Listen to June O’Sullivan talk candidly with Dr Linda Greenwall – founder of the charity, Dental Wellness Trust about the urgent need for free supervised tooth brushing programmes to be implemented across Early Years settings and schools.
According to the latest figures by the Local Government Association which show nearly 45,000 hospital operations were performed to remove children’s rotten teeth during 2018/19 as a result of tooth decay and high sugar diets – never has there been a more pertinent time to address this preventable crisis.
Although tooth decay does not discriminate, it is strongly associated with deprivation and social exclusion says Dr Greenwall. This was made worse during 2020 when dental practices were forced to shut and many children were unable to attend appointments as well as their nursery. Alarmingly, almost three-quarters of children have not seen a dentist since the start of last year – despite recommendations that children have annual check-ups.
Better dental hygiene taught at an early age will have long term benefits for children’s teeth, fewer nursery days lost and better overall health and wellbeing of our children.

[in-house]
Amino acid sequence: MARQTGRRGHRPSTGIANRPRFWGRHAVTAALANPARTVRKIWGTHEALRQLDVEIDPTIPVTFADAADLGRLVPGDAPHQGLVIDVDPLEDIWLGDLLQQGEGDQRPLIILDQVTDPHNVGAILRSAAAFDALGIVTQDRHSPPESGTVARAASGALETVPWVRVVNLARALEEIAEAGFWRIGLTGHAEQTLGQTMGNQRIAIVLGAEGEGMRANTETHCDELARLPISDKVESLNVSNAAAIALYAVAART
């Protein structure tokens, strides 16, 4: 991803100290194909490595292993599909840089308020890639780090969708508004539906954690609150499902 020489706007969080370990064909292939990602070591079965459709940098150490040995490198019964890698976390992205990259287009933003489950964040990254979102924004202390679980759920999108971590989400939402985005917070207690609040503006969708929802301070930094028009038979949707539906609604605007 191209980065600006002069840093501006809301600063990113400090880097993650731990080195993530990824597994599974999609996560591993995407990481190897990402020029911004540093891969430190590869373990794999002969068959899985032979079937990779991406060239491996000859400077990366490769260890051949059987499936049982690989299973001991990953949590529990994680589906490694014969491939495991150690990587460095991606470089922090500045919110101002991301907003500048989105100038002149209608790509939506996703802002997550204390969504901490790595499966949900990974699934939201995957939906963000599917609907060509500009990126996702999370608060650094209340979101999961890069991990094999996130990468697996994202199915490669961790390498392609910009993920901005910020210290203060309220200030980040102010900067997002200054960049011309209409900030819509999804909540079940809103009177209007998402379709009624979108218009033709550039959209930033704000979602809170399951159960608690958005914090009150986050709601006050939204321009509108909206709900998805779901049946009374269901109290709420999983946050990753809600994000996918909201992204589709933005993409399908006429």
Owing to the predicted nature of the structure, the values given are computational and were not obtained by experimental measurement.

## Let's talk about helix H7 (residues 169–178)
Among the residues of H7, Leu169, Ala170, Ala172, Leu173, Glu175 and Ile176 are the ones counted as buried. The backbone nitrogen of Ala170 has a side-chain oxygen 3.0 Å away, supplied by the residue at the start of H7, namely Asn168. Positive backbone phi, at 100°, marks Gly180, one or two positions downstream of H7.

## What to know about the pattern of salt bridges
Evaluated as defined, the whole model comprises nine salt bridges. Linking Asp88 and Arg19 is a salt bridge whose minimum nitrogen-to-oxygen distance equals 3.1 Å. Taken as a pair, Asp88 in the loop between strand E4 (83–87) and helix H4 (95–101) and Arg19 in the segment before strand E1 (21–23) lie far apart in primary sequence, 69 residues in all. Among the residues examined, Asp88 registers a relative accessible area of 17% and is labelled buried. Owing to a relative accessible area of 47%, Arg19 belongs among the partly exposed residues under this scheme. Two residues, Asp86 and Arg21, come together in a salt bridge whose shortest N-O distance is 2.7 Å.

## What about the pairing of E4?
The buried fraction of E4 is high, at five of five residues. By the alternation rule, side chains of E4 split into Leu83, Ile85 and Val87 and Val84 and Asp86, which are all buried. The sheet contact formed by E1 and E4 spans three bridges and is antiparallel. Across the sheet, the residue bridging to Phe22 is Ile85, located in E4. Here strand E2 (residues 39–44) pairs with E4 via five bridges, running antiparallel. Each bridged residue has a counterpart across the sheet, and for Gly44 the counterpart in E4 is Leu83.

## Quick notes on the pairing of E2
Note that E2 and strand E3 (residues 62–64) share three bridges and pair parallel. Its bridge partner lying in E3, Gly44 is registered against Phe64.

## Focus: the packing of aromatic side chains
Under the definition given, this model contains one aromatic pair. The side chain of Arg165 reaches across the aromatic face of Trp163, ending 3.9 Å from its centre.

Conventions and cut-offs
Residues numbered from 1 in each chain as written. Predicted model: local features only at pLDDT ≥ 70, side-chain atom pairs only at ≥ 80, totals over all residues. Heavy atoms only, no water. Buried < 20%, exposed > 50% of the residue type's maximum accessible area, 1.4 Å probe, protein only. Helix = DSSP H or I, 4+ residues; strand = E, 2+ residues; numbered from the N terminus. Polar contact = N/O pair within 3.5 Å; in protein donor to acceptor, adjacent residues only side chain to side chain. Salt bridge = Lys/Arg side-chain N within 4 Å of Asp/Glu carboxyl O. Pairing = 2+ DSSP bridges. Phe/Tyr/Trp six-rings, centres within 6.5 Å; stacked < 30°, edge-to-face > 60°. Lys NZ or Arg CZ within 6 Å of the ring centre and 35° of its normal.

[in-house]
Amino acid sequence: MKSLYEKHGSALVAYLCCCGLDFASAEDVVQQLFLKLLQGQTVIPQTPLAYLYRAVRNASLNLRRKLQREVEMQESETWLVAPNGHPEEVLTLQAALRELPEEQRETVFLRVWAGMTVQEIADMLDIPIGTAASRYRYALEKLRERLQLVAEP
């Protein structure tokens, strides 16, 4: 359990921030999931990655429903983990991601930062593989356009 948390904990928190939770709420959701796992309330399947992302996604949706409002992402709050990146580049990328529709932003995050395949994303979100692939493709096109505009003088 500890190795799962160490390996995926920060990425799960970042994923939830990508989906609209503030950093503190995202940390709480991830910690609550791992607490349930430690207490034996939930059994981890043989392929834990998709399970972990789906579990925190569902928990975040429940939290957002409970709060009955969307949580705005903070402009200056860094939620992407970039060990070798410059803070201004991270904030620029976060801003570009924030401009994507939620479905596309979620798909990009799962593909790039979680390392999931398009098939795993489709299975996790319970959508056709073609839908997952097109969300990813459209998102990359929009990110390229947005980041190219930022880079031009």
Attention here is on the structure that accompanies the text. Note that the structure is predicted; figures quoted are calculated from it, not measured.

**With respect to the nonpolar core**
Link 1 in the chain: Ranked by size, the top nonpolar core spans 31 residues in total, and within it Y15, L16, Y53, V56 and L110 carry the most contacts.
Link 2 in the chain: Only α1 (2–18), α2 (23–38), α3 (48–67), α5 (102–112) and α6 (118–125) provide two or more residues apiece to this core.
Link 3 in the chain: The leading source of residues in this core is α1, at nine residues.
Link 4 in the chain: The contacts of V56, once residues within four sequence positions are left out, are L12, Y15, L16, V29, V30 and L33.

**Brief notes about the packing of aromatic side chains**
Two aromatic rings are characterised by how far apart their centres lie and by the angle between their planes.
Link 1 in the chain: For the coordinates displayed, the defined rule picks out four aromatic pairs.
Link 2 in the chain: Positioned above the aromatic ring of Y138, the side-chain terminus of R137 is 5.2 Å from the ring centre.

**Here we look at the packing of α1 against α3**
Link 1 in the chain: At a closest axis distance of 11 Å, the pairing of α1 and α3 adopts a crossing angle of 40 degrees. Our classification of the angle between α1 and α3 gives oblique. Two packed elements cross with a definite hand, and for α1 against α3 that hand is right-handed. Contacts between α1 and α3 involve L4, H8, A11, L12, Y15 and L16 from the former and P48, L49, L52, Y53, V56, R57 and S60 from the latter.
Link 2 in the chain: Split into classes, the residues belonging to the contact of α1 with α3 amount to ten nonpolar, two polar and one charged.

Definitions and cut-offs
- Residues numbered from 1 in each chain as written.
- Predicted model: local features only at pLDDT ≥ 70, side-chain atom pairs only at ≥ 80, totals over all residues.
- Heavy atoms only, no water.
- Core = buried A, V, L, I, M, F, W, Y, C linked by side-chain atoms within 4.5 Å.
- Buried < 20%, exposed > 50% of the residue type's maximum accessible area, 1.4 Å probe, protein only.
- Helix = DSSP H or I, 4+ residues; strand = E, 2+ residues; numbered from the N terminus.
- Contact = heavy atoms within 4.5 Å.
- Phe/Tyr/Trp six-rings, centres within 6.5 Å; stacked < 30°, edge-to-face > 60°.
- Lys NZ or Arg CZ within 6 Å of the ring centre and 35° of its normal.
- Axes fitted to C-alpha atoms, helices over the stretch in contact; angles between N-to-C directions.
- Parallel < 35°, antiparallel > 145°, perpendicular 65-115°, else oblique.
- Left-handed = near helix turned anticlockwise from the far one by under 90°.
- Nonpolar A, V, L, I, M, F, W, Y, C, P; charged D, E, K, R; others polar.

I'm very pleased on talking early years to have Linda Grima with me who is going to introduce herself in more detail, but is a great campaigner for oral health. And you know, the issues of tooth decay with so many small children. So I'm kind of going to treat Linda like she's the tooth fairy. And she's going to talk us through some of this stuff. And actually, while this is a podcast at the moment, actually, she's, she's live in front of me here from a dental surgery, in our dental garb with her mask, and the whole lot all around. Feels very strange, at the same time, very connected. So very, very big welcome to you, Linda, to talking early years. And perhaps you'd like to tell our audience about you, and what you do and your charity and all the work you've been doing. Okay, so, my name is Linda Greenwald. I'm a dentist, and I qualified in South Africa in 1984. And I then came to London, and I did specialist training and to do advanced restorative problems. And my master's research was actually on tooth whitening. So I do a lot of teaching on teeth whitening lectures all over the world, which is now all on zoom about tooth whitening and cosmetic dentistry. And 11 years ago, I felt it was really important to be able to reach more people and give back and I looked at what I can do to give back and we set up the dental wellness trust, it was something that was very close to my heart. And I planned for three years to set this up. And when we looked at what can be done and how we could do it, we realised there's so much need that's not being attended to. And so we set up the dental wellness trust and what we started firstly in South Africa, where I'm from the Cape Town, and in Cape Town we look after 15,000 children, and we do daily tooth brushing with them. We have amazing women called toothbrush mamas, which in the UK, they wonderful teachers that are toothbrush mamas they named them, they named themselves that name. They go to the schools every day, and they check on the brushing and they check on the sustainability. During COVID. What happened is that people were out of work in Cape Town because of lockdown. And so we are toothbrush mamas set up 13 soup kitchens, and between March and December, we actually served 100,000 meals, wow, the children in our communities where we do our tooth brushing. So it's called out the charity is called dental wellness trust, because wellness is very close to our heart. And it's not just dental, because if you don't eat well, and don't have a nutritious food, it affects everything. So especially in our soup kitchens, we made sure that the children had nutritious meals, and that they continue to wash their hands and COVID is absolutely essential, and continue to brush their teeth. And we then took the information that we learned all our experiences. And we brought it to London and to England and we implemented tooth brushing programmes. And we do that now in 50 schools and nurseries with the same programme the hand washing and the tooth brushing. It's very interesting, there is so many things that you just said they're very interesting. But the one thing that's really shouting out at me is the business of wellness. And obesity is a big issue in London with child obesity, and, and the nutrition and interesting again, we ran a number of school and food banks during well before COVID but more in COVID but one of the things I noticed as well in in food banks is that people don't necessarily put healthy food into the food bank so they're one wonders about you know, how do you balance be grateful for what you get bread the other hand is actually the food that you wouldn't choose to give if you had a choice kind of thing in terms of its healthy healthiness in terms of its ease and easiness to cook and also the in terms of its sort of taste value for children. So I just just wonder a bit more about about that and because I'm assuming and I again correct me on this is that what you know, poor teeth cavities are caused bombed by a lot of sugar, is that right? Absolutely. So the tooth decay is majority related to sugar and not brushing. So the sugars related to the diet and also related to snacking and having sugar every hour for example a child will eat one sweet and then not eat another sweet and then another sweet thinking only if I just have one little sweet that will be okay but actually What we know about sugar is that if you are going to have your sweets, then just have them all in one go. We discussed you can't deny children sugar, or you can't deny them sweets, because that could lead them could to be completely obsessive if they go to a birthday party. Although no one's having birthday parties at the moment, if that child is denied sugar goes to a party and there's a tray of sweets, the child will empty those sweets in their pocket to take home, because they've never seen the sweets. So you have to have, you have to be realistic and practical. I have four sons and four boys that I've had to bring up. And I have this constant discussion about sugar, and all those things. So it's a little wall that we that we have in our family in terms of what we do eat and what we don't eat. So what we discussed was that we can have sugar, we our sugar time is Saturday after lunch, and then all the sweets get eaten then, and then they go and brush their teeth rather than just have a sweet that's what the research shows you if you constantly have sugar, that's when the pH drops in your mouth. And then the sugar bugs start to proliferate. So it's all about saliva and healthy eating. But when you come back to what is the most important thing, there's some simple ways in terms of what we can eat healthily that is cost effective and not expensive. So of course, we would like fruit. We would like the children to eat fruit, and we've banned all fizzy drinks, no drinks whatsoever, and very much we have a campaign and dental wellness, just about all the banning of all fizzy drinks. All of those sodas, not none of them the energy drinks, the sodas, the all of that none of them contain any nutritional value. And when we started campaigning, I took them all out of my house. They're completely banned. And we have water. And we have occasionally we might have fizzy water, but that's it. We just stopped it immediately. Interesting on that. On that note, actually, it's interesting about the fizzy drinks and stuff. But one of the things that many parents were completely a bit crap, but a bit cranky with me was the business of fruit juice. So at least it's milk or water. And oh, yeah, no choice. That's it. Um, but they used to think that fruit juice was good and it full of you know, vitamin C, and it's good for your children because they wouldn't eat fruit for them. So can you just blow apart the myth about fruit juice for us before you move on because it should, I think we get but fruit juice people are very confused about. So if it was just freshly squeezed, if it just an orange and squeeze, that's a different story. But the the storebought are introduces particularly apple juice, there contains so much added sugar. It's like just putting sugar water on your child's teeth. And unfortunately, we see so many incidents of parents who've been giving their children apple juice thinking it was healthy, and the child got a mouthful of tooth decay. And then we have to work on a strategy to balance it to reduce it. And to stop it but they have to they have to the the juices are really not what they are what we perceived as being healthy because of the added ingredients. And the trouble is that the apple juice will stick on the children's teeth, particularly between the teeth, they sipping it slowly etc. causing these cavities which are devastating. They're not tiny cavities, they're absolutely devastating. So yeah, we just we really advise no Apple, just if you really, really have your child is screaming for an apple juice. And there we used to have apple juice, you start by diluting diluted by half and then diluted by half that had only looks like apple juice, but it's really water. And it's us to train and educate our parents who we look after. And the kids. Once we teach the kids about healthy eating, they will also they're quite delighted with that in terms of discussing with their parents everything they've learned that sometimes when we have rhymes and songs about fruit and what should be in my lunchbox, and how we throw away the sugar. We throw away the sweets and the children educating a kid right from the beginning on healthy eating and tooth brushing and and hand washing sets a child up for life. Because they can then take responsibility for their own health even though they little they can wash their hands Well, they can be taught to brush their teeth, brush their teeth well so that they can have a healthy, healthy, healthy Foundation, which is really key. And that's the same and so we would assess the diet. We assist the diets of the kids when we see this decay because some of the severe decay has this very controversial but severe decay has also been linked to child abuse because they say how can the child that gets so much decay absolutely devastating, and that they've done studies about this. As to assesses I'm not saying one cavity But if you can, it's the parents role and responsibility to keep their children healthy. Yes. So when you say cavity, Linda, you mean a hole in your tooth, I mean, a hole in the tooth. Yeah. And the way that it starts, it can start as a tiny little tiny, tiny hole on the biting surface of a child's tooth. But often there's the decay is in between the teeth, which is really difficult. And that's where it's progresses. And on baby teeth that can progress very, very quickly. So the key is to have to brush with a fluoridated toothpaste. So they're getting enough protection from the fluoride in the toothpaste and toothbrush properly to remove the plug off the healthy off the surfaces of the teeth. Just just for a second then. So we have seen children where they've basically got stumps, just stumps, rotten stumps in their in their mouths, and there was a there was talk and again, blow this out of the water are corrected in whatever way you like. But is it true that one of the biggest causes for small children under five going into hospital is to do with teeth and tubs decay? Absolutely. And the figures are quite severe. At the moment, I'm just I just checked on the figures again, but over quarter 26% of five year olds in London suffer from tooth decay, making London the third worst area in England in terms of childcare outcomes. After the Northwest and Yorkshire and Humber those are the two Those were the 2019 data, you know, with with COVID, it's a little bit the stats are different. But we do know that 48,000 kids go into hospital in England every year to have a general anaesthetic to have the rotten teeth taken out. And that is huge. And when I heard about this, because I thought how can there be there's a sophisticated National Health Service, how can it get to that level. And it's very, it's very sad for me and I often speak to parents about how we can prevent all that. And it's one of the key things for the charity, to educate about how we can prevent this from happening from the children going having to go into hospital. The other big thing is that 30% of us not attending school is because the child's got toothache. Really. Yeah. So what we've been looking at with when we implement our tooth brushing programmes in school, is the amount of time missed from tooth ache or having to go to the dentist should reduce because the children are brushing their teeth in school, and they have an improving the health of the kids teeth. And just by the way, the right to oral health is a basic human right. Yes. And also, I mean, again, correct me if I'm wrong, but my assumption is that actually having teeth is important in terms of learning to speak, that it surely must have some impact on the way the mouth and the gums are used about the muscles in the mouth and all of that. So you want to just kind of kind of explain that a bit to us, the teeth that the mouth, the teeth and the tongue all have a responsibility in the speech and the growth in the mouth. And the teeth that you know the teeth develop at various stages, that first tooth comes through at the age of about six to nine months, the baby tooth comes through, and all that we need our teeth to function to eat, to talk to communicate. And also for parents when we smiling. Yeah, as a child with rotten teeth with stumps in their mouth will feel embarrassed to smile and low self esteem because of the state of their teeth. They do notice it. Then the other children respond one day we were teaching in school. And we were teaching tooth brushing and the little one of the little boys. His teeth were all black and the kids all teased him to say wow, this is terrible. Look, your teeth are so black, they're so dirty. And he's not brushing, he was very shy and humiliated by that. So we need our teeth for all these functions, especially communicating and smiling. Now that's a really good point the smiling actually because you forget about that. But um, and then how important though is in terms of communication, given the whole COVID thing actually we should be more alert to that than ever really what when you're either on a screen are you're using you you know you're you're the you're reading, you're trying to read people a bit more effectively through a screen so to be able to smile, it's actually quite significant. Absolutely. And some of our patients my adult patients want to be zoom gorgeous. So then when they are on zoom, their teeth look gorgeous and we're working on that as well. But it's really very key for the child health and development to have a healthy mouth and be able to eat without pain. And when the child at a major life event if a child has to go into hospitals and have a general anaesthetic, and, you know, you want to avoid that at all costs, so you were talking about the child with stumps, that is normally from nursing bottle decay, where the child goes to sleep with the bottle, or they put juice, when they put apple juice in the bottle and the child is sucking on the bottle the whole day long. That's when the tooth would the the juice has also got acid in service, the sugar component, the acid, which is eroding the teeth as well. And that's why they become stumps like that. And then yeah, talk about dummies as well, it's dummy. The dummy is a factor in all of this because I mean, that can be quite an emotive discussion point for for parents, for anyone you know, with a small child, we often think about the dummy as limiting the language that you know, but in terms of teeth, is it is it true, you call your teeth to be crooked and and the long term use of the dummy can call to what's called an open bite. And where the dummy forms, the shapes of the tooth is the the teeth become that angle where there's space for the dummy. And so that restrict the tongue growth, develop and restrict the teeth growth. And the child can talk with a list of etc. So there's times for dummies, I've just become a grandmother. And so I'm a little granddaughter now, and she does need her dummy for certain times when she needs to be pacified. So I get it. But as soon as you can, the damage should go. All right. factor as well. And then tell us a bit about how you think we I mean, I think there's an interesting debate about what we can do in this in the earlier sector and what parents do. And I think there's a tension sometimes between, you know, if we're cleaning the teeth with the children after lunch and stuff we are we're simply allowing parents to abdicate their responsibility to actually make sure that the child cleans their teeth at the end of the day before they go to bed, which is to kind of challenge that some of the staff say to me, Well, why are we doing that? Should they not be doing this as part of their home pattern? You know, is this not a parent responsibility? How do we get round that in in a kind of practical way? Given that actually, for some nurse, she's putting toothbrushes in and toothpaste and all of that is actually quite a you know, a practical nightmare? To be honest, you know? So how do we kind of persuade people that this is worth it? Well, the research has been very, very clear that supervised toothbrushes in school can reduce children's tooth decay from 20 to 40%. Wow, it's absolutely major. And when you look at what it what is the best thing we as communities can do. It's shown to be supervised toothbrushing programme, our toothbrush programme is called Live smart, because it's smart to live to live healthfully. And so I know that it can be time consuming for nurseries for earlier settings, and for teachers. But the health benefits far outweigh the time that it takes for children to do this. The other benefit is that the community health is a positive message. So children loved the programme. It's fun, they love it, that's a group activity. The child has learning manual dexterity that they're holding the toothbrush. But this active, this active participation in a group activity like this sustains their health for the rest of their life. It's really key. So although it may take a little bit of time, it's one of the most essential things that schools can do. And we would like to see all schools and all earlier settings implementing this in England, they have it in Scotland as well. And in Wales, designed to smell child smell programmes. But this is absolutely one of the key things that we can do. And you say, well, we therefore education not only education, but health but the two programmes running together health and education in this makes a huge, huge difference. It's absolutely mega. And we appreciate all the schools that are doing the toothbrush, we'd love to do more. And we we've had Colgate support us so we have the toothbrushes ready to educate and help implement in more schools. If for some children, the only time they clean their teeth is in the nursery, because the parents don't do it at home. How does that impact on their general oral hygiene and health and well being? What we've discovered is that at least if the child does it once a day in a supervised setting, that's a major thing. Parents with multiple kids and exhaustion and getting dinner ready and getting the child out in the morning. You know there's a lot of responsibility on parents and so they don't have to have time to supervise brushing or they don't have time to nag the child or they're absolutely exhausted just making dinner in the evening to be able to do the soap It's an added benefit, it would be great if the child is brushing in the morning and the evening. But the reality is that it doesn't happen. So that's why that is why in the school, it's the most advantageous thing to do it as a group activity. So so because I know a number of my staff said, What's the point, if we only do it once will that matter, but you're saying it actually matters once really matters once thoroughly. And because the way that the programme runs it, we put on some fun music and the time it's time together, and the teachers supervising that actually are brushing, we watch the manual dexterity, but that kids are actually brushing, and they're getting the toothpaste in for those two minutes. So they are brushing quite well, which makes sense, rather than sucking, because every time they say something, or biting the brush, right? So they are actually and but because it's a group activity, and they're learning from each other, and they're learning from the teacher, it actually makes a huge difference. And the research is quite profound on this making a huge difference. And then the last thing that staff often ask about as well as the toothpaste, so when my children were growing up, I simply gave them a smaller amount of Colgate, you know, whatever I was having they had, but then then they invented all these children, ones with fancy names and little dinosaurs on it. And with flavours and everything, which, you know, are actually quite pricey for one. Yeah. So, you know, doesn't matter if they use ordinary toothpaste, just smaller amounts, we like the children, or children under three to use a grain of rice sighs so it's really a tiny, tiny mouth. It's like a little smear, right? Tiny a grain of rice. So you just basically, tip just put it on very, very slightly. And when we teach up to the teachers, we teach them how tiny is a grain of rice size. And a child over three should have a pea sized amount, right? It's also very little because most nozzles are quite thick. Yes. And you can bring it out onto the brush. So it's really at the tiniest little really little pieces is quite enough. Then there's discussion between the parts per million fluoride. So under three, they have less fluoride. So that's 1000 parts per million. Over three, they have 1400 parts per million of the toothpaste. You know the adverts used to show a long piece of toothpaste on the whole brush. Yes, yes, that's absolutely not necessary because they want you to buy more toothpaste. Yes. So it's really the tiniest little bit. And it's actually the brush touching the teeth. And the last thing we teach, which is really key for everybody is to brush your tongue. The tongue brushing is really key because the bacteria, the sugar bugs, the halitosis bacteria, the stagnation, bacteria all in your tongue. If you if you stick your tongue out, and you brought bread from the left side, to the middle side to the right side, and you just do three swipes, that makes a huge difference of brush of all that bacteria harbouring in the tongue. My goodness. And then the so is it true that now people are saying you should brush your teeth dry. You can brush your teeth drive you don't have to the the rule is spit, don't rinse. So after you brush your teeth with the toothpaste, you spit out you don't have to renew you don't have to have your tooth brush wet. You don't you know people when they put the toothpaste on, and they put the water on and then they stop brushing. Yeah. So when I'm brushing their own teeth, I will actually check in the mirror. And sometimes I do brush dry just to see that I'm getting off the block. And then I'll put the toothpaste on. But you don't have to do long as you spit. Don't rinse is the message. So the days of putting your head on to the top and having a good ol rinse are over. Absolutely. So before we go cuz this is the most interesting I have to say for lunchtime podcast. And is there anything else you you think any other bit of good advice before we can we conclude this? So I think also discussing for snacks what kids should have for snacks. Okay, introducing healthy snacks, taking away rewarding children with sweets. There could be other reward systems such as a pencil stationery, an apple of fruit, a trip, walk around the block with Mum, something rather than just easy, easy things such as sweets, and there's so many. If you introduce the snacks quite early, the fruit, the hummus, the rawicz that was what the child knows and they don't look to go for sugary snacks. Because this is you know that the healthy eating is really really key so that you'd find that in every night. And with most childminders would provide that sort of thing. The one thing we did get caught up on was for a long time, we all thought reasons were a good option. And then we were told them or not. So that that that was a bit of a shock to everybody. I think that the reasons do have some they actually lower your blood pressure. But they do have some they do have some benefit in small amounts. It's always about quantity. All right, yeah. So you could still give them a few reasons. But but with water? Yeah, that's right. Yeah. But the cheese, things like cheese and crackers, and cut up fruit and rawicz. Those are all great healthy snacks. And that's what you should see in any decent nursery, I think, are with any Yeah, well, well, well thought out. childminding setting through so. And I'm sure they do that in the school. So that's good. So that is we've we've had quite a lot of truth, wisdom from the tooth fairy today. Wonderful. So I'm going to thank you very much. And I will do a blog to support this with all the links to the dental, dental, wellness, and to live smart as well so that they can easily access it. And I'm hoping that some people will take us up on that and that will introduce the tooth brushing at their home, at their nursery and anywhere else that they can persuade. Absolutely. Thank you so much. It was a pleasure. Pleasure. Bye Bye now. Our next podcast on talking early years would be with Anya Sater, who has just completed part of the coaching and leadership programme for London. And I'm going to talk to Anya about why coaching matters in the early years. Thank you for joining me today. If you liked what you heard, please share it. Check us out on our website.